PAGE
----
The previous post began to discuss how DUI charges can cost an arrested person their career. As noted in other posts, careers can be in jeopardy if an arrested person is a coach, teacher or in medical or other service professions. A DUI arrest can lead to the suspension of the charged person's driver's license if the suspension is not successfully challenged. For this reason, anyone who has to drive to work will have to struggle to keep their job. A person's career can be in particular jeopardy if they drive for a living and are arrested for driving under the influence.
The previous post noted two stories in the news this week where people lost their jobs because of DUI arrests. The previous post discussed the sentencing of a former bus driver who pleaded guilty to driving a school bus while intoxicated. School bus drivers in her state of Illinois have zero tolerance for driving while intoxicated. (In Georgia, the legal blood-alcohol concentration limit for school bus drivers and commercial drivers is 0.04 percent).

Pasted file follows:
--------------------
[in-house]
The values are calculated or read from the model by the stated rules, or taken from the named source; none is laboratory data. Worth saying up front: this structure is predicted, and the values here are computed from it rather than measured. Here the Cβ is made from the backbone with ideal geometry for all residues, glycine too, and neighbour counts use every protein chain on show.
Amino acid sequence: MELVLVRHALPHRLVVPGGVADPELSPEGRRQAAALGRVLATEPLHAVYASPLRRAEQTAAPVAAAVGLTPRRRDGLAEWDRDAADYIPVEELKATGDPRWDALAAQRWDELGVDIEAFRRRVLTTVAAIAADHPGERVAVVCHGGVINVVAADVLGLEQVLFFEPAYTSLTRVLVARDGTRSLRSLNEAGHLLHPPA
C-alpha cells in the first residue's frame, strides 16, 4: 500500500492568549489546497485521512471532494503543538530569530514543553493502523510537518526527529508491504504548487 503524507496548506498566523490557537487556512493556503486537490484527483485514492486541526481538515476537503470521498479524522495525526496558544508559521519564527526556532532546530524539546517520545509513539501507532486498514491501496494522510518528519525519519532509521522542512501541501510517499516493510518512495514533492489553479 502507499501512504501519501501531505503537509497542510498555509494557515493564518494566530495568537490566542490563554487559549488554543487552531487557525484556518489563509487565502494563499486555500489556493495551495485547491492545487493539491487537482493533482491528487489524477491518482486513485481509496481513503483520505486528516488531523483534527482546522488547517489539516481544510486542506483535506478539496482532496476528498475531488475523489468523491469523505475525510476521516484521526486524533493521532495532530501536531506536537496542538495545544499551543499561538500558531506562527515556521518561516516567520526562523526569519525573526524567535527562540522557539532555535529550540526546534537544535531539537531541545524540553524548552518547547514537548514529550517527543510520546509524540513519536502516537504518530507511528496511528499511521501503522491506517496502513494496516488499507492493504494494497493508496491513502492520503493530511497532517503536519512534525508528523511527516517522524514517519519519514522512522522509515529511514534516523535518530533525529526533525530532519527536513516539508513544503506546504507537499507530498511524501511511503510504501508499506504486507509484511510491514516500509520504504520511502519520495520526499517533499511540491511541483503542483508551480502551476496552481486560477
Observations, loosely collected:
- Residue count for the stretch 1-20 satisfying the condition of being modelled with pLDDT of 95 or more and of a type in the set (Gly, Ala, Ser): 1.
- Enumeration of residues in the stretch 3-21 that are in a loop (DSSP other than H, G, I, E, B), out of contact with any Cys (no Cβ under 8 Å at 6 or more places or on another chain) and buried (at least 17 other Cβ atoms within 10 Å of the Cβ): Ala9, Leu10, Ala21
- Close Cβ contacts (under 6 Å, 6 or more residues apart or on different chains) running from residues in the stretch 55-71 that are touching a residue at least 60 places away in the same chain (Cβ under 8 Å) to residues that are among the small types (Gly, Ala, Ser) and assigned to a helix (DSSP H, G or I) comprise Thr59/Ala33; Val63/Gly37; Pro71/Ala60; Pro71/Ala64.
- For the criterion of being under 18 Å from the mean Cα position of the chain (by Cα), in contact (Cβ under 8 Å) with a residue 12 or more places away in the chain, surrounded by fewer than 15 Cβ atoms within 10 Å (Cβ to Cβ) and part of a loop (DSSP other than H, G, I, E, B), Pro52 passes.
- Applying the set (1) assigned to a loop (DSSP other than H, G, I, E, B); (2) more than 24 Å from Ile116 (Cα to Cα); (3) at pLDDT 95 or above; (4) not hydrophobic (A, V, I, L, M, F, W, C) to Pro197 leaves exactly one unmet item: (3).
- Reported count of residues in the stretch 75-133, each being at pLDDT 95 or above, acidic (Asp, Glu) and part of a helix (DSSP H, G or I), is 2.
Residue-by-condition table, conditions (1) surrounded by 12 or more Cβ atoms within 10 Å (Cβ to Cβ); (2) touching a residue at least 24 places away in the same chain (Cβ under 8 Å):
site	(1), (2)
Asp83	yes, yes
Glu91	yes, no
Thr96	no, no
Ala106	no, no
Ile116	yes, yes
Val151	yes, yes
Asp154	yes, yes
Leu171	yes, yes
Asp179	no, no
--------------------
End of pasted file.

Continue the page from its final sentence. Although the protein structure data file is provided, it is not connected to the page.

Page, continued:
Another story in the news last week involved a man who operates a submarine for a living and who lost his job for driving a car while intoxicated.
The man was the top enlisted sailor on a navy nuclear submarine based in Pearl Harbor. He was fired from his position as chief of the boat after being arrested for DUI in Honolulu. According to The Washington Post, the Pacific Fleet Submarine Force said that the top officer of the submarine was no longer confident that the 32-year-old sailor could serve the submarine and lead 150 enlisted sailors effectively.
Sub's top enlisted sailor fired after DUI arrest (The Washington Post)